On a recent evening, the cast of (Be)longing — an oratorio about the 2007 Virginia Tech shootings that draws from hip hop and opera and runs at Long Wharf Theatre as part of the International Festival of Arts and Ideas this Saturday and Sunday — was assembled in a rehearsal space in Hendrie Hall on Elm Street. Over a series of long pitches held by a group of singers, Hanifa Washington, assuming the role of mediator, maybe therapist, was asking the people in the room what freaks them out.
“Confrontation!” said one cast member. “Confrontation freaks me out,” the chorus sang in unison, in four ascending notes.
“Sharks!” someone else offered. “Sharks freak me out,” the chorus sang back.
“White supremacy!” said a third. “White supremacy freaks me out,” sang the chorus.
Then they pointed at each other. “You freak me out,” they sang. The music was coming together.
Jafferis spoke up. “Convince me that it freaks you out,” he said. “Because right now you all are acting mad calm.”
From Hillhouse to Virginia Tech and Back
Aaron Jafferis, now 41 years old, was born in City Point in New Haven and grew up in Westville. He went to Edgewood, then to Sheridan, then to Hillhouse and ECA.
“Growing up in New Haven, late ‘80s, early ‘90s, hip hop was what I listened to,” he said. So when he went to UC Berkeley for college and started taking writing classes, “the poetry that I wrote had hip hop all up in it.” But thanks to his time at ECA, “it also had some drama in it.” A stint at NYU followed. That was where Jafferis met Au Yong. The two collaborated on a one-man show, Stuck Elevator, based on the true story of an immigrant who spent 81 hours trapped in a Bronx elevator. That show was staged at the International Festival of Arts and Ideas in 2013, had another full production in San Francisco, and went on to acclaim.
While the pair was working on Stuck Elevator, Virginia Tech senior Seung-Hui Cho, armed with two handguns, killed 32 people and wounded 17 others before shooting himself.
“The shooter was a Korean American,” Au Yong said. In New York City in 2007, he watched as the media sensationalized the attacks and moved on. “I wanted to figure out what the story was,” he said, “which is the seed of social justice.”
As Au Yong and Jafferis learned more about Cho, they began to ask difficult questions. Why had Cho decided to turn from creative writer (in which he majored) to mass murderer? Au Yong began from a belief that people are innately good. “What’s the turning point to fear or anger?” he said. Was Cho in a sense a victim as well? Was the number of victims killed 32 or 33?
The pair dove deeper. They visited Blacksburg, Va. and attended remembrance events. They spoke with a survivor and the family of a victim. They met with police and community support groups, students and faculty. They expanded their research to other cities affected by gun violence, including Miami and New Haven.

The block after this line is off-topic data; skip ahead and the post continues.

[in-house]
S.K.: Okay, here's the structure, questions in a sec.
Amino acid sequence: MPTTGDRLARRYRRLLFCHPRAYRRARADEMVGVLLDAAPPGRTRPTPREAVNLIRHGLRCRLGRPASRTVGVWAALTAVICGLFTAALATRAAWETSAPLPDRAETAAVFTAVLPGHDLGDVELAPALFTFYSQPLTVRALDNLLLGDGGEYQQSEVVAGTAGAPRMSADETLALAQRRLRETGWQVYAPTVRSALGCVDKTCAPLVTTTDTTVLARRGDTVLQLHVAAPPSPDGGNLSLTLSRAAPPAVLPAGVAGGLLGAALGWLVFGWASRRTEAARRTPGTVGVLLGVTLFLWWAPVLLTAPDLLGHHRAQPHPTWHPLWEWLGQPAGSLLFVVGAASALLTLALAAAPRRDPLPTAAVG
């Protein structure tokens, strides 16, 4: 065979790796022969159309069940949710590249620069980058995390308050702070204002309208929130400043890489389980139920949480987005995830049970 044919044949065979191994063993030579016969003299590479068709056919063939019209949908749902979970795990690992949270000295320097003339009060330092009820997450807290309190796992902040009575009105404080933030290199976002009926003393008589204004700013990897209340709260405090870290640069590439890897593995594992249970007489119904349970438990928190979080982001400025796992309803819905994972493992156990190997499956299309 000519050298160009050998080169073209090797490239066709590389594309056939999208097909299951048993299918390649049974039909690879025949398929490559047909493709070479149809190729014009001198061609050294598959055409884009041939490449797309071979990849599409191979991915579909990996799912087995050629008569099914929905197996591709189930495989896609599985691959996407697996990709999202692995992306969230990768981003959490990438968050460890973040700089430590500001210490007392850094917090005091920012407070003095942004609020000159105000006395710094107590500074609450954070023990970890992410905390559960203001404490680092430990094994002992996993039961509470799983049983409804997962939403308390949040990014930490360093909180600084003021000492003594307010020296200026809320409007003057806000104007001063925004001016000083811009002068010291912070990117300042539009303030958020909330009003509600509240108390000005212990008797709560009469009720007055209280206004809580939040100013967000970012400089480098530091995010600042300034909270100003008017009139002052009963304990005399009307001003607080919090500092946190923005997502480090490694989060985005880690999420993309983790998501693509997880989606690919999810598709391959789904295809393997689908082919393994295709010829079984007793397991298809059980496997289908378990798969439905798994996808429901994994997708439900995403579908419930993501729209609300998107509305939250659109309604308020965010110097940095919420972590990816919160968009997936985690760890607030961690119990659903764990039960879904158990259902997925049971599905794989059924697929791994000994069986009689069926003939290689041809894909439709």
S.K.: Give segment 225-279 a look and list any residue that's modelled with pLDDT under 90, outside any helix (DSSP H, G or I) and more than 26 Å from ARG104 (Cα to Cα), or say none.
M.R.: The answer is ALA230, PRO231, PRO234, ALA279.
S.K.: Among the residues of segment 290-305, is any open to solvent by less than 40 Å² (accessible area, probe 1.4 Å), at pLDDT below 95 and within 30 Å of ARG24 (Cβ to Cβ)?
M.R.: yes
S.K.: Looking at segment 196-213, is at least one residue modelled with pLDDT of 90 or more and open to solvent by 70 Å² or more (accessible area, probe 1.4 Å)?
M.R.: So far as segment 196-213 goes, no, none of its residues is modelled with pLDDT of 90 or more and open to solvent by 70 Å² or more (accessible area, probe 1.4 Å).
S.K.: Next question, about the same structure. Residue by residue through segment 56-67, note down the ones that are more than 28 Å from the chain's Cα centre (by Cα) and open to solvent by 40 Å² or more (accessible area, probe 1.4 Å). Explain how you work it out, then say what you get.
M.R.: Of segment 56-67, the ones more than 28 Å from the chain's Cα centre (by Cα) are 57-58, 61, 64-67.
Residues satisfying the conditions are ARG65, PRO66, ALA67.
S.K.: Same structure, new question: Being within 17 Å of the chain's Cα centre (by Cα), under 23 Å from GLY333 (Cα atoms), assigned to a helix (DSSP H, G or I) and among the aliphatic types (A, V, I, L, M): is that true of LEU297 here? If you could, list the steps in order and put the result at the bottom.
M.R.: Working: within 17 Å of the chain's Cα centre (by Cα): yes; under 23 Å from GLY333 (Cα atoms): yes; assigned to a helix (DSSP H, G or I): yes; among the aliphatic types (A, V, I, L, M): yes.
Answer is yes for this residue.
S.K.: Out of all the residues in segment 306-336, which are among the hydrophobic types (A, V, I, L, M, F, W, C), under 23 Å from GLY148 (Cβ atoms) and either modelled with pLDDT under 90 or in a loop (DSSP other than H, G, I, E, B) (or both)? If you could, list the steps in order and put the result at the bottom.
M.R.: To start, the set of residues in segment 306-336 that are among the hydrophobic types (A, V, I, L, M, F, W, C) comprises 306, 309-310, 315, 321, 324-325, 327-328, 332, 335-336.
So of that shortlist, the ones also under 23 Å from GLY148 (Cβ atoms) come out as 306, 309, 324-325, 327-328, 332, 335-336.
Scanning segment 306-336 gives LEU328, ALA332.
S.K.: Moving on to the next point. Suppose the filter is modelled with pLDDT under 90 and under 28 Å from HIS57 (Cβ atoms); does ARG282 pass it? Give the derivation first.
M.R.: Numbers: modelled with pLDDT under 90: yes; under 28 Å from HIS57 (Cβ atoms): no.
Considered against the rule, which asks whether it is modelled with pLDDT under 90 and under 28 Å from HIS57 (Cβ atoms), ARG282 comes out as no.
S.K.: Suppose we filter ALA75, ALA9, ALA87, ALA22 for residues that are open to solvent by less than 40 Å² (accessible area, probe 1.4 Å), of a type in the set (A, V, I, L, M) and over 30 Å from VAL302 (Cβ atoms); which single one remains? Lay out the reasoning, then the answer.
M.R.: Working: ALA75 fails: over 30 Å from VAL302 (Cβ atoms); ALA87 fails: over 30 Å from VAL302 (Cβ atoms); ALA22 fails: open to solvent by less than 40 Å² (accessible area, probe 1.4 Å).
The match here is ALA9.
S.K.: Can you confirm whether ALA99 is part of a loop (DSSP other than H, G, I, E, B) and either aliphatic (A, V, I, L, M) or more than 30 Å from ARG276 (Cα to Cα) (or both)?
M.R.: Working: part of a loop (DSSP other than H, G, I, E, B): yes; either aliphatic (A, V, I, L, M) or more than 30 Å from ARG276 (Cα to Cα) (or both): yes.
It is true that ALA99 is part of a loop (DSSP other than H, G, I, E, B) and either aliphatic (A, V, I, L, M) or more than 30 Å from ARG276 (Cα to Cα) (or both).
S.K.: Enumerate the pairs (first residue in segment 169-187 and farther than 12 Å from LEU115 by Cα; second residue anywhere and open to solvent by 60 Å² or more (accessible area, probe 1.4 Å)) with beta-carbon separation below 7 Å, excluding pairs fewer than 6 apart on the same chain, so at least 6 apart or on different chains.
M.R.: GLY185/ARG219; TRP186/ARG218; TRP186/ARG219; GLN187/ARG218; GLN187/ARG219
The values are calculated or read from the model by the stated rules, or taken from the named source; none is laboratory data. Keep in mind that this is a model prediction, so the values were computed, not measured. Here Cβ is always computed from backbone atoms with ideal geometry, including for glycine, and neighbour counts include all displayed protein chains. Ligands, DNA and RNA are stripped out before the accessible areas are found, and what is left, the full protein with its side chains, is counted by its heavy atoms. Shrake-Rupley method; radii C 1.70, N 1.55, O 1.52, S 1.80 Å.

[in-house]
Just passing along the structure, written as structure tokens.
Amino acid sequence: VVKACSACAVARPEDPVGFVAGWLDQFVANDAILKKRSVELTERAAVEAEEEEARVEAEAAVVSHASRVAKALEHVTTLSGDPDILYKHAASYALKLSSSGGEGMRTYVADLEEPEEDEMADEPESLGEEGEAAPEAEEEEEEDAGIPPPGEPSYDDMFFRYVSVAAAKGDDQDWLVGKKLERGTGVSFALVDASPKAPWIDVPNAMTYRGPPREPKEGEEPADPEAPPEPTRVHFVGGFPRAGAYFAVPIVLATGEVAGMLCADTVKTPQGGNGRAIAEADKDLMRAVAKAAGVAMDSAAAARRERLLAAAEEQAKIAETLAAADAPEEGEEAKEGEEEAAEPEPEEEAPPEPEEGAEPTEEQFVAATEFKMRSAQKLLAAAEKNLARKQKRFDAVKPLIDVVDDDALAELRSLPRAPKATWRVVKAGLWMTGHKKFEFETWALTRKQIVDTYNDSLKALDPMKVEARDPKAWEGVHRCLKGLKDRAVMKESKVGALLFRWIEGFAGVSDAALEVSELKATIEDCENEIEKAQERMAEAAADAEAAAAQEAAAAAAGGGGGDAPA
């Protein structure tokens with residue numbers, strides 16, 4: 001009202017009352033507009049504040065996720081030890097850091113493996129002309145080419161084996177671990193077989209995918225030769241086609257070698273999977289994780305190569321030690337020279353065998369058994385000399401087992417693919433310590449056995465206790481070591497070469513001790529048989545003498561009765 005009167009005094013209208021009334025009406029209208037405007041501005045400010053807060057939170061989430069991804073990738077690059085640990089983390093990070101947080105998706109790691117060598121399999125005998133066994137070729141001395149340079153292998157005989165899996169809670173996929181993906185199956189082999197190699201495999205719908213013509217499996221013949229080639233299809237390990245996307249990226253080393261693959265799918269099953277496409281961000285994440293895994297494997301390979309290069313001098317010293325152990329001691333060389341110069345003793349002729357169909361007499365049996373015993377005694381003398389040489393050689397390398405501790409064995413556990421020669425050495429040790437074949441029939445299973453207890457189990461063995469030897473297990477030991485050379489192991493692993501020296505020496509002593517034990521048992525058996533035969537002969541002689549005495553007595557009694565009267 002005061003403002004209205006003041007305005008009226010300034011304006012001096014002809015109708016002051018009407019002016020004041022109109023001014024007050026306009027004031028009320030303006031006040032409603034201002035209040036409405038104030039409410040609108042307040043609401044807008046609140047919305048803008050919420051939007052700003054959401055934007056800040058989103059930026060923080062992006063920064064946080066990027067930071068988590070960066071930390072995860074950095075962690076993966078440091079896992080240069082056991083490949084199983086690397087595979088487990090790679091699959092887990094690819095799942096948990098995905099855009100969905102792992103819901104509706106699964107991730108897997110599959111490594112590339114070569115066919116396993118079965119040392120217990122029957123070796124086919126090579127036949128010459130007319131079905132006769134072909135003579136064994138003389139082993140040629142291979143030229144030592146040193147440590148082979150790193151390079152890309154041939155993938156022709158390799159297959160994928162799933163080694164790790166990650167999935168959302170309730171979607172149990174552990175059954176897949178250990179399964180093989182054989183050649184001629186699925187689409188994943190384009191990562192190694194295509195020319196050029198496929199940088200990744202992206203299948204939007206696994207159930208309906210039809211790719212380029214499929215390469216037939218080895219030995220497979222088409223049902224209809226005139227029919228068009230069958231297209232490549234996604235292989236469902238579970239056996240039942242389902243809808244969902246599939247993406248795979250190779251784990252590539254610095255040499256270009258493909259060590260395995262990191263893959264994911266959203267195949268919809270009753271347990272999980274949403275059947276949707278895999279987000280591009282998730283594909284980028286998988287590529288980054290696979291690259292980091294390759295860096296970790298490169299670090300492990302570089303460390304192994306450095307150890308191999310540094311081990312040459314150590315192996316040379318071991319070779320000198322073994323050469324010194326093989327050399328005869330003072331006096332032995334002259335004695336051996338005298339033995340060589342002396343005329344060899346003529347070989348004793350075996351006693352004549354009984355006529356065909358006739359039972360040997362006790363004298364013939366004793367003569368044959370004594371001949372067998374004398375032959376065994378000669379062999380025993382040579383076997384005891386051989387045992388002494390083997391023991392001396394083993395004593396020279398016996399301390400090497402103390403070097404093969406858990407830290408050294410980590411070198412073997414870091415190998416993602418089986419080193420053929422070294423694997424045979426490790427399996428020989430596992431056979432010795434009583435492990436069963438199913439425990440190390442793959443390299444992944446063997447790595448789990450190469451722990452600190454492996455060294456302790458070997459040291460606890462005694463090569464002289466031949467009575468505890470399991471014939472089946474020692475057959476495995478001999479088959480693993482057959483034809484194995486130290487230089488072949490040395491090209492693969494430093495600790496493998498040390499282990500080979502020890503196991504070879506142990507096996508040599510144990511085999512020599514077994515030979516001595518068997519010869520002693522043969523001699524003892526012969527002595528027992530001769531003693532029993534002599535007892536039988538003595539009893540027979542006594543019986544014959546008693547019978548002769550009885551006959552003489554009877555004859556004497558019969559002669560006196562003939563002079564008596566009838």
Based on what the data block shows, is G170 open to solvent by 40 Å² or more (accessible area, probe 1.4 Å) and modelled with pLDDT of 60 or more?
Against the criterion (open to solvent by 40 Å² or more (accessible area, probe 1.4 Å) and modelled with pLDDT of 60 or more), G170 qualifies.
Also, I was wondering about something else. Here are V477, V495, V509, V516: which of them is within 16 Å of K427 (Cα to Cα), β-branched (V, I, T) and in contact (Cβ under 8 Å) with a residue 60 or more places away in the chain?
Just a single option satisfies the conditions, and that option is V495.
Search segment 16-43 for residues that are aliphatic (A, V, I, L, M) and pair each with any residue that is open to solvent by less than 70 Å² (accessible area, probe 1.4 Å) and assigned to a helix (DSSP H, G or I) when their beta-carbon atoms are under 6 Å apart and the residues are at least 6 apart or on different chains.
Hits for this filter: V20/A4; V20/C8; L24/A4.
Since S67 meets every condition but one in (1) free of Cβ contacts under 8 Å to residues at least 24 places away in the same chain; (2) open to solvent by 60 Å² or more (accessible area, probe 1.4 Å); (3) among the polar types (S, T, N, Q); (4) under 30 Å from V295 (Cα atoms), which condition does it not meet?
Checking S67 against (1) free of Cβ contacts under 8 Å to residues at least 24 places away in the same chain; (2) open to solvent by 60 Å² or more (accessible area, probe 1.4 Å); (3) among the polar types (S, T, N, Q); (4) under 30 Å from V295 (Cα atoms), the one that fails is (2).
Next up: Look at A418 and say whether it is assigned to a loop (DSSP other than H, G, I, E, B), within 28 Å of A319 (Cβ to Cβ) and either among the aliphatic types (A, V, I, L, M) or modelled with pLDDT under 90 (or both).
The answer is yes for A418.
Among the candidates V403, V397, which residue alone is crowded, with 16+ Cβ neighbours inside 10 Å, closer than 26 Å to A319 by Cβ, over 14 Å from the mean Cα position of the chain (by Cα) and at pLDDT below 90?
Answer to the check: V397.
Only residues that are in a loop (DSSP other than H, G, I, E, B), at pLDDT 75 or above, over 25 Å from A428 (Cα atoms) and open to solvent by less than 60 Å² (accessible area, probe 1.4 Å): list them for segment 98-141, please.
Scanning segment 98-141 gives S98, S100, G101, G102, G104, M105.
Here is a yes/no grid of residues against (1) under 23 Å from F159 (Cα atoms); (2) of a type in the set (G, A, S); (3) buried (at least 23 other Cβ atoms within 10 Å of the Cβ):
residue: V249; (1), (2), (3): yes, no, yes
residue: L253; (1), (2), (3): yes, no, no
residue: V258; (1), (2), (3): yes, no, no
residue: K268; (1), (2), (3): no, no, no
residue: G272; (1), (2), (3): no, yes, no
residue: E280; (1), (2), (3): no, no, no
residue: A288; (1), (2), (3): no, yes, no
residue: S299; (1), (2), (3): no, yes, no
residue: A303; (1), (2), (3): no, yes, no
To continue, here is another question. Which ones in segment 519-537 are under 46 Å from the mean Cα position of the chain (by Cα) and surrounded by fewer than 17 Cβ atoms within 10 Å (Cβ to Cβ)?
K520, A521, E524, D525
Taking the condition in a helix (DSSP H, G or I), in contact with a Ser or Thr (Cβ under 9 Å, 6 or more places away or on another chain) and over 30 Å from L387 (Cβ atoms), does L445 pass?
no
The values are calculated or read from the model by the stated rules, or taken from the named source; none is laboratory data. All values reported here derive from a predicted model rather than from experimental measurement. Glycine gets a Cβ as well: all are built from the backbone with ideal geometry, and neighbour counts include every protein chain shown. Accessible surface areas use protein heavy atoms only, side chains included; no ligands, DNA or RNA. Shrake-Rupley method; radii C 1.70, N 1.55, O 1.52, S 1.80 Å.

The result was to make (Be)longing a “multi-layered work,” said Au Yong. “There can be multiple interpretations.” The multiplicity of voices also meant that the piece moved away from the one-man concept of Stuck Elevator. It became, of necessity, a choral work.
The News Is The Noose
In Hendrie Hall, the cast of singers, rappers, and beatboxers was still rehearsing. They were honing on the music, making it tighter. Music Director Stephanie Tubiolo, arms out to conduct, was making sure the singers’ consonants landed on downbeats together. Director Charlotte Braithwaite watched over the proceedings with an attentive eye.
The idea of the piece the singers were rehearsing, Au Yong explained, was that the list of things that freak the singers out was generated by the audience first, who would be asked to write down things that freak them out on pieces of paper at the start of the show. That would get the ball rolling when it came time for this part of the oratorio. In time, however, Washington’s character would ask everyone in the room — cast members and audience members alike — to say aloud what freaked them out.
“When Hanifa is asking them to participate,” Braithwaite said, “there needs to be a little space for people to actually put their hands up” and be called upon.
“What if the thing the person says doesn’t freak us out?” a cast member asked.
“I think you should react the way your character reacts,” Braithwaite said. “Maybe it’s a big deal for you, maybe it’s not a big deal for you.”
Tubiolo nodded. “Can we just go from the top again?” She raised her arms. The piece began again. This time the whole thing ran even smoother, from the orchestrated choral sections to the more improvised sections that would rely on audience feedback and participation, to the section’s chilling middle section, which delved into the shock following the shooting, and its bitter end.
“The news is the noose,” the singers repeated. When they sang it, Braithwaite directed, “everybody do this.” She demonstrated, putting her own hand around her neck.
Growing up in New Haven, Jafferis explained, he used to go to Long Wharf and Yale Repertory productions with his parents or with school groups. “I saw nothing there that felt relevant to me or my classmates,” he said. So there is poetic justice in the way that the Arts and Ideas Festival has championed his and Au Yong’s work, with Stuck Elevator and now with (Be)longing. Jafferis seeks to create theater that draws from “the life experiences of people that I’m close to, and people that I’m far from, and seeing what the difference is between us,” he said. “I’m pushing toward the kind of theater that I need.”
(Be)longing runs at Long Wharf Theatre, 222 Sargent Dr., as part of the International Festival of Arts and Ideas June 17 and 18 at 2 p.m. For tickets and more information, click here.